Creating a New Player-Friendly Environment in EVE Online #idea #imanewplayer

Dear fellow capsuleers,

I wanted to share my perspective as a new player regarding the EVE Online experience. If you believe that new players play a crucial role in the economy and growth of EVE Online, then please continue reading as I aim to be concise in conveying my idea.

Firstly, I want to express my gratitude for the warm welcome I received in the game. The EVE community has demonstrated maturity, with players communicating in a professional manner or immersing themselves in roleplay, enriching the universe with thematic interactions. The user experience in terms of interface and learning resources is fantastic, considering the vast array of options and gameplay styles the system offers, all masterfully condensed by the designers.

Encouraged by the support I received from the customer service, I wish to share my perspective and idea with the community to make it more relevant and potentially bring about implementation. However, I must admit that I was initially hesitant due to learning about how some suggestions aimed at new players were received by veteran players, and their resistance to change. I understand that everyone has a history, and history often involves conflicts. Nevertheless, let me now get straight to the point.

EVE Online is not new-player friendly due to its extreme punitive nature.
Additionally, EVE Online is a paid game.

These two points, seemingly insignificant, are probably the main reasons for the high churn rate of new players and their premature departure before giving the game enough time to learn and progress, even after investing in PLEX or personalized promotions.

The game’s punitive nature becomes evident when players seek a more relaxing gameplay experience, such as mining and other activities in high-security space. The possibility of being attacked and facing penalties in high-security space affects the volume of players engaging in PvP, as it deters both new and old players from participating in low-security space where PvP is more common. In high-security space, most players are looking for a peaceful learning experience and are not interested in PvP.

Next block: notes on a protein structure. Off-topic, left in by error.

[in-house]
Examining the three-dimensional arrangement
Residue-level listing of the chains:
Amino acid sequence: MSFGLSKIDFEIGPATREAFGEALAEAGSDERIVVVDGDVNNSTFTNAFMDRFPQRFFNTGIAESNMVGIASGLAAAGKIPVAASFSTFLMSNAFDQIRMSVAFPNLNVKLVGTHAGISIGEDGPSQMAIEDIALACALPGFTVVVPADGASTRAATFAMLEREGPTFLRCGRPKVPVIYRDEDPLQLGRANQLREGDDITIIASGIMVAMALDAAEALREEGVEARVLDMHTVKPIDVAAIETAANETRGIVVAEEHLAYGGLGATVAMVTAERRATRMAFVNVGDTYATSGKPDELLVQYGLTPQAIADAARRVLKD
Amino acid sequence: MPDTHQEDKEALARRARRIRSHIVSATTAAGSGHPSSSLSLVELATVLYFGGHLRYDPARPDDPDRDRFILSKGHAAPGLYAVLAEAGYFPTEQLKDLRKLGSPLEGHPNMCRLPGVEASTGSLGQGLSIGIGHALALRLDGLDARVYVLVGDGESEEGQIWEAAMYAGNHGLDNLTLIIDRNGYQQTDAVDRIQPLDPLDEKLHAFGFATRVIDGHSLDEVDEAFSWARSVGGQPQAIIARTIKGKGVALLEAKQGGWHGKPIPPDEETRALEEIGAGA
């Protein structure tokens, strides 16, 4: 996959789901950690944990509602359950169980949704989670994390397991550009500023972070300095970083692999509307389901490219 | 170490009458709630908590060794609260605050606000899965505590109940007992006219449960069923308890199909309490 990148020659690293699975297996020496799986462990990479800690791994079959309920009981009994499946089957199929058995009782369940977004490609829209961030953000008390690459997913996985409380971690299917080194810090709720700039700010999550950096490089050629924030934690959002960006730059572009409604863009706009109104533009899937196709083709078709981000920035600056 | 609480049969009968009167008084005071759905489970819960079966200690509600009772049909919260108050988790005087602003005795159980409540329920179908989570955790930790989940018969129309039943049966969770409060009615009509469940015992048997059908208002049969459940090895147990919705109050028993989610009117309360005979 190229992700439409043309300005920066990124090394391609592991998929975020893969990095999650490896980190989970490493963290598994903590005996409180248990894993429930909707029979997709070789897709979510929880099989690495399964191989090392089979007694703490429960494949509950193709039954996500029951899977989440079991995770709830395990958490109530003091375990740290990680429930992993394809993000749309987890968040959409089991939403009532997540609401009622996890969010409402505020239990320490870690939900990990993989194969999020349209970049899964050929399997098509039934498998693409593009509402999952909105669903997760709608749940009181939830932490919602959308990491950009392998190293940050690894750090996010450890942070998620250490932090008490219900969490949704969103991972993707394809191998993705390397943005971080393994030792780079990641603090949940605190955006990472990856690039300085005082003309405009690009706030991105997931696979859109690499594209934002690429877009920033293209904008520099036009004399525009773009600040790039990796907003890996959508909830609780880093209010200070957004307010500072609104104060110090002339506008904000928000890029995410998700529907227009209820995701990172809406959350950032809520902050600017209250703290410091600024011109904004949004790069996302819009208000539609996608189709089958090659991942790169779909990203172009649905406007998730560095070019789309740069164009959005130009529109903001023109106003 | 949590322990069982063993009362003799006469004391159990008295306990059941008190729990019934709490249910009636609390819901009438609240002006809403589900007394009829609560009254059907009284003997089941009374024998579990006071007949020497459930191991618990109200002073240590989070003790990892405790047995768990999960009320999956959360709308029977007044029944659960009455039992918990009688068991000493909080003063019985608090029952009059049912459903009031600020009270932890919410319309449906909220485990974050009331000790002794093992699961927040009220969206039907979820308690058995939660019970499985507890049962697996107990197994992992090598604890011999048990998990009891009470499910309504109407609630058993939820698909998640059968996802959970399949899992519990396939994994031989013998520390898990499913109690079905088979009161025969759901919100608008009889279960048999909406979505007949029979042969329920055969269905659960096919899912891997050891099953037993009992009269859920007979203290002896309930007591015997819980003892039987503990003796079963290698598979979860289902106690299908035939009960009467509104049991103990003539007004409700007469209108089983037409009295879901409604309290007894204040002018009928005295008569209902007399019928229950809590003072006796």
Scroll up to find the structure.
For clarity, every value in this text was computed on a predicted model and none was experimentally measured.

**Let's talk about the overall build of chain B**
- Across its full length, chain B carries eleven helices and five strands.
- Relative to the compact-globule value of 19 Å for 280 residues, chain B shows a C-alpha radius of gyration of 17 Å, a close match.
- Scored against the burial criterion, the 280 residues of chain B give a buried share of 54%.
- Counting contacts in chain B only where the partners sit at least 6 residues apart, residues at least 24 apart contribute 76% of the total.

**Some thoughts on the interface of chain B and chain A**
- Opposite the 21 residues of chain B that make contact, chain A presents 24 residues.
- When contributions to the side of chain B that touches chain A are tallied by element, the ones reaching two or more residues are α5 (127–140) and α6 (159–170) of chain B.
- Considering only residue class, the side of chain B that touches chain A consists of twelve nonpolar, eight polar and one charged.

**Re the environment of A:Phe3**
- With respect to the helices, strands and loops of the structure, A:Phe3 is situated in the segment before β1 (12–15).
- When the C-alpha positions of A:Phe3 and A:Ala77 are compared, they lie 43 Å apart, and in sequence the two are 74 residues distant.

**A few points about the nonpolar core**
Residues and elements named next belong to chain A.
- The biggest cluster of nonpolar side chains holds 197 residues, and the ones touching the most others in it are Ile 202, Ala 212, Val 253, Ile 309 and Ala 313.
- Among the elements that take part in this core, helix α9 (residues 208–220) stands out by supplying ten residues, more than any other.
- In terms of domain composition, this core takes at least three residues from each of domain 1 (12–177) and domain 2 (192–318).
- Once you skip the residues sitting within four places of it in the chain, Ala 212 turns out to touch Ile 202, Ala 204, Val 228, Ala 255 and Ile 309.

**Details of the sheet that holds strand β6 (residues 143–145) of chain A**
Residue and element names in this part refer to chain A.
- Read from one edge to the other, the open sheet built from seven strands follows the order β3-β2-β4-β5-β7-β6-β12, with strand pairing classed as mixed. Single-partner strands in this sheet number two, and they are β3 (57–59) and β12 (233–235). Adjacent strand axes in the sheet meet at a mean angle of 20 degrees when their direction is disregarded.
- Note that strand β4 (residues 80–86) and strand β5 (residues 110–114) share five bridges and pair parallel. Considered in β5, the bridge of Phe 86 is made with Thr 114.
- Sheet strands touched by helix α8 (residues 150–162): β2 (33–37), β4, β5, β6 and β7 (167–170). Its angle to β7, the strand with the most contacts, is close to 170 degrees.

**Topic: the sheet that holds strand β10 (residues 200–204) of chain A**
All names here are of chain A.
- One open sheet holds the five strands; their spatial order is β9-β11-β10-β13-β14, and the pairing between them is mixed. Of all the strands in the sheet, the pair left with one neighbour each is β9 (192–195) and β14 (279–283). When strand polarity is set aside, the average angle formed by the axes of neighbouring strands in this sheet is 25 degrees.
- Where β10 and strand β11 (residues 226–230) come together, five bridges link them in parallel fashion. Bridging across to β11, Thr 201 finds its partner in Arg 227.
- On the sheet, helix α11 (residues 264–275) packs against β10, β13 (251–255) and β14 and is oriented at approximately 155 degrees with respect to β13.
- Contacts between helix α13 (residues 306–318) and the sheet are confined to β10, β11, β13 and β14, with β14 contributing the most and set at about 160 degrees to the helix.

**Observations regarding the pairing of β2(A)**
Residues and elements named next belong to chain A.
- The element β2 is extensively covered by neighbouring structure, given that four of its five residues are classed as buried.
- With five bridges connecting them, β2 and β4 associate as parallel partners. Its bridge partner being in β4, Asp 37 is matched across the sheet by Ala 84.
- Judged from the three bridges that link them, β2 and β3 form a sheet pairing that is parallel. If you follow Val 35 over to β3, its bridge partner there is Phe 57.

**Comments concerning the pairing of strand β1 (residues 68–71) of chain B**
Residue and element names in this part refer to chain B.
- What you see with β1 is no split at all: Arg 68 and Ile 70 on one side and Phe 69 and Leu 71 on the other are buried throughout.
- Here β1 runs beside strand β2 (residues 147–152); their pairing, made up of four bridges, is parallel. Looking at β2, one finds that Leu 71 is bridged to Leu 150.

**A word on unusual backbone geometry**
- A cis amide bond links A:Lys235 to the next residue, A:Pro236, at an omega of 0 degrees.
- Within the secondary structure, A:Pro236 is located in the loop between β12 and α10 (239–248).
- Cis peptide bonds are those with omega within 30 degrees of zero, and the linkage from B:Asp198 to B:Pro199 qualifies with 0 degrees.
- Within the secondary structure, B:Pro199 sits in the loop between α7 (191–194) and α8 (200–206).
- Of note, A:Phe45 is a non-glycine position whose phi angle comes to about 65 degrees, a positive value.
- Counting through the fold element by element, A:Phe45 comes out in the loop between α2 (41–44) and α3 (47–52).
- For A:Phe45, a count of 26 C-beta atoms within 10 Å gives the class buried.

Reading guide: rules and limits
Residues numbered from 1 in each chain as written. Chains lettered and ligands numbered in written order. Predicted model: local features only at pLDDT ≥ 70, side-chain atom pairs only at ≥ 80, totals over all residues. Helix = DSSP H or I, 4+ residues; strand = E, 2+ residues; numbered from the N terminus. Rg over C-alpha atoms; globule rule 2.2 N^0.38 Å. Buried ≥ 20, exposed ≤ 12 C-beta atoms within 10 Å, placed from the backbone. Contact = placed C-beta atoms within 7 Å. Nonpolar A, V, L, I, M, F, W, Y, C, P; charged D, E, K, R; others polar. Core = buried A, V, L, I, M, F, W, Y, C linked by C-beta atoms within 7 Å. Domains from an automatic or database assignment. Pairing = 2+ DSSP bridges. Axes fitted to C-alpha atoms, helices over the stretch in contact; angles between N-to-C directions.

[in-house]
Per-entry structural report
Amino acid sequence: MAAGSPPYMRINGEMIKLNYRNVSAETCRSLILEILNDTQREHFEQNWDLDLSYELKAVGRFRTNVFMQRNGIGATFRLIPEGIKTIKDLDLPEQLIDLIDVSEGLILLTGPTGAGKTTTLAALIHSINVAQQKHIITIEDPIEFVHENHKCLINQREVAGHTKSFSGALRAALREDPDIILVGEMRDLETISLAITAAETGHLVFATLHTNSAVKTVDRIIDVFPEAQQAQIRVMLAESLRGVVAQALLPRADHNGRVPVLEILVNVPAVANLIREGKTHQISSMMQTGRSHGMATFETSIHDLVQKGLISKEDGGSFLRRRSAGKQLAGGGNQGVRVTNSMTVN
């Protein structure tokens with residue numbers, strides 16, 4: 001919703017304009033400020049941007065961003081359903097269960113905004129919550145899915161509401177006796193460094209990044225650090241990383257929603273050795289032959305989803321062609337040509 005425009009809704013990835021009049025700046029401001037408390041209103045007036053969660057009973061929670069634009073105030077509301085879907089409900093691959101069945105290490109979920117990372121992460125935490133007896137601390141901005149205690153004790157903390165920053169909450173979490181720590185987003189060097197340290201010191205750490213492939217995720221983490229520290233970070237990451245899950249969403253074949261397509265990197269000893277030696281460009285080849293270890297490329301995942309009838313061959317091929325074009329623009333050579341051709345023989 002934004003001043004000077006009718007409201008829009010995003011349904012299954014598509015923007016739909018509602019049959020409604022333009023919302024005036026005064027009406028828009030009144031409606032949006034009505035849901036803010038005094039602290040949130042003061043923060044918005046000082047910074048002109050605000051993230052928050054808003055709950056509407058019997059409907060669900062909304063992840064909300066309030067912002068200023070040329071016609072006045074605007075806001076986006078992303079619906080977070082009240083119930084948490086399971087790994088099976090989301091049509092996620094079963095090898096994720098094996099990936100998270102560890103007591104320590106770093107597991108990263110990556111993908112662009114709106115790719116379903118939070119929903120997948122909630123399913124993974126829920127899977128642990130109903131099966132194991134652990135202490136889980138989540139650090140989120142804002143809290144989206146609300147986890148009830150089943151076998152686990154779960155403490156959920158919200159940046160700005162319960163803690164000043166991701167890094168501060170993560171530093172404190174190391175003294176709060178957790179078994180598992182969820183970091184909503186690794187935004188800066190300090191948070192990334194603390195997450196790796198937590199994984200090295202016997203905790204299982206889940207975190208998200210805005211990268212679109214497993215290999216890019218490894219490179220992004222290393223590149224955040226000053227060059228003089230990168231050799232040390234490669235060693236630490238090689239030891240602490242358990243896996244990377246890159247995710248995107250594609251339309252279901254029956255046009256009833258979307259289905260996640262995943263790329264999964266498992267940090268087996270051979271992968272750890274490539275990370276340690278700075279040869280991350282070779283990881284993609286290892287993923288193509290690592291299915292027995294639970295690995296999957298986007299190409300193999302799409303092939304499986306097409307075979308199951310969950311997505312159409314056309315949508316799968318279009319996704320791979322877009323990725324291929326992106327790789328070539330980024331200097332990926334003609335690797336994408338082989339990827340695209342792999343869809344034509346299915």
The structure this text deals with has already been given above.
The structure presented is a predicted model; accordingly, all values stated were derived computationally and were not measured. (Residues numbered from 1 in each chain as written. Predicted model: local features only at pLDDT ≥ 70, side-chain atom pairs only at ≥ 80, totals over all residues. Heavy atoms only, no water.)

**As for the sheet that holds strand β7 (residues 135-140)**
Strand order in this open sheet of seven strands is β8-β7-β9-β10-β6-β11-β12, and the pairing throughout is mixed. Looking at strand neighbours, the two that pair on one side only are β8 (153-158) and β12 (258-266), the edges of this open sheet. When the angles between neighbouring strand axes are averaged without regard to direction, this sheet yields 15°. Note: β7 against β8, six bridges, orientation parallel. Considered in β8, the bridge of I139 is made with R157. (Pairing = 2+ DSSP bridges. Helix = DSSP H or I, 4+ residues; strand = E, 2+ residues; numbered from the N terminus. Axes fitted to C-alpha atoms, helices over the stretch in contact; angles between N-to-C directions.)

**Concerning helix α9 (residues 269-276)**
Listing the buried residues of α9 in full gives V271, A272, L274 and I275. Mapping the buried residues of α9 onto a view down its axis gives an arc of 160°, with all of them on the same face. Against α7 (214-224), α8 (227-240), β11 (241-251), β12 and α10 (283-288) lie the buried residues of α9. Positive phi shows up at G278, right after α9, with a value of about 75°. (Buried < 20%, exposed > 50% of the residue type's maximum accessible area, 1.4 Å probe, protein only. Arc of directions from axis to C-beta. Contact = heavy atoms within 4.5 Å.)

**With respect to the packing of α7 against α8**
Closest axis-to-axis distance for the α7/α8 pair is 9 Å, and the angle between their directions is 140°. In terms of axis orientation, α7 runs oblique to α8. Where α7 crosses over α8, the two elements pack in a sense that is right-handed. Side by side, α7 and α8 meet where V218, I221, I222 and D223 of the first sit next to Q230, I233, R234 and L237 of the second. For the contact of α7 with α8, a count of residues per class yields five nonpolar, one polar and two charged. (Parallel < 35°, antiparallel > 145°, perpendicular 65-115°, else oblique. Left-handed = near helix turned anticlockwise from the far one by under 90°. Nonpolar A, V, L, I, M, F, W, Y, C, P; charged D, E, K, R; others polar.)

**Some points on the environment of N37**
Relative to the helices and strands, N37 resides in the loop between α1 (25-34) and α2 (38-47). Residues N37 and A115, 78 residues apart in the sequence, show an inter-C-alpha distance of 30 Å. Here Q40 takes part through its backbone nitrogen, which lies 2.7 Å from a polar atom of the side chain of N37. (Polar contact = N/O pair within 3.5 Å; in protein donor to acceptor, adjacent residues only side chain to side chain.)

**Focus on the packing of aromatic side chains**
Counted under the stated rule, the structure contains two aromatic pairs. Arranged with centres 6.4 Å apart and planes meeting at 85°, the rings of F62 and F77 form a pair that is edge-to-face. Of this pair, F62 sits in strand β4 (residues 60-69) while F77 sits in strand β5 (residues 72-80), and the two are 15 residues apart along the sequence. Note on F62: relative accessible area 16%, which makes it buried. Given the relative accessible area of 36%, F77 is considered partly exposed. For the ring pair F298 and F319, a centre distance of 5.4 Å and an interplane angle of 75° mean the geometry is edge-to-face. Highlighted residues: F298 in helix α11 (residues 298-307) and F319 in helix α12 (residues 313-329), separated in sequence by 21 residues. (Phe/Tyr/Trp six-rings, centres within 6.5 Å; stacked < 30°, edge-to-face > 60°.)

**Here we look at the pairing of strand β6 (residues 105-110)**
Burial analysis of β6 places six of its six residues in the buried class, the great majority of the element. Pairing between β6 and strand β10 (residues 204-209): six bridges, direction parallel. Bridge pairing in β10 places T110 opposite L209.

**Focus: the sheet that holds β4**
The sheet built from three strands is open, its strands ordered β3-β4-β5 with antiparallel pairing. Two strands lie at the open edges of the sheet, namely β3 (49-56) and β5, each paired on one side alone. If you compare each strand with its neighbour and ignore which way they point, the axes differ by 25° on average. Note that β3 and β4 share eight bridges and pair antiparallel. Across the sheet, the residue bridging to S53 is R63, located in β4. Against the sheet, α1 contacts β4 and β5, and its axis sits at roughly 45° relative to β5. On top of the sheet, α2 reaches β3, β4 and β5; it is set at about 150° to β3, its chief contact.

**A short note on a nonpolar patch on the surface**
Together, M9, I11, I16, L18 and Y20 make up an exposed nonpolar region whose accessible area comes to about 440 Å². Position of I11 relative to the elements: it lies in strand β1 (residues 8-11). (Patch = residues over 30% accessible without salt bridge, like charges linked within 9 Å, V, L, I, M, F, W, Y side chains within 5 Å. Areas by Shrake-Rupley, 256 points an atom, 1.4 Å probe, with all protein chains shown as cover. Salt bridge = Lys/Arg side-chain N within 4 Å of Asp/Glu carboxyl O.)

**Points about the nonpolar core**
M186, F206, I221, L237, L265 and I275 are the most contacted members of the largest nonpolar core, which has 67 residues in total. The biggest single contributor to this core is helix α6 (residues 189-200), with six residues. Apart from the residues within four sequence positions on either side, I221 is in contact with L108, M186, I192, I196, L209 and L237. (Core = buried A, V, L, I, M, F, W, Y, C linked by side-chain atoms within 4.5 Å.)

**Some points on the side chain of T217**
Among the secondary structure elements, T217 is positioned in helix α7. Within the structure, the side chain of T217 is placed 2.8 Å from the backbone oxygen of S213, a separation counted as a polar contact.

The direct consequence of this is financial, as players work hard to earn enough to purchase their ships, only to find that someone who might be seeking mere amusement to troll and disrupts their experience. Alternatively, players may become apprehensive about trying thrilling activities like hauling, turning their journey into a nightmare for unestablished new players, driving them away from the game.

No one enjoys losing, and modern games strive to create mechanics that mitigate losses, minimizing frustration. I understand the importance of loss in EVE Online, as it drives the economy. However, considering the balance between highs and lows, as a new player, I have a simple suggestion:

Enhance the INSURANCE service by introducing the option to cover your ship and components up to 95% or even 100% of its value. This change will alleviate the fear of loss and encourage players to explore PvP and low-security areas, increasing the dynamic gameplay of ganks and attacks for those who enjoy it while allowing others to coexist peacefully in high-security space. Numerous ideas from the community can be shared to refine this system and boost the economy. Only data will determine their effectiveness.

With time, you could consider reducing the frequency of attacks from players in high-security space, making the experience more attractive to new players.

I sincerely believe that by implementing such improvements, EVE Online can become a more inviting and engaging universe for all players, fostering growth and making it a thriving community for years to come.

Fly safe, and thank you for considering my input.

Best regards,

Okay. I had to stop reading and start a response right here.

EVERYONE playing EvE that’s not a dev and maybe the odd game reviewer is playing solely for their amusement.

Based on what, though? What is the value of a ship?
That’s been the big argument on insurance - and it ain’t gonna end anytime soon.
Right now, the value is considered the mineral cost of the hull.

Attacks from whom - players or NPC’s?

Players decide who they will attack and when.
You’ll need to ask the individuals to stage fewer attacks.

If you mean NPC’s, you’ll need to be more specific.

No worries, and thanks for considering this feedback.

–Helpful Gadget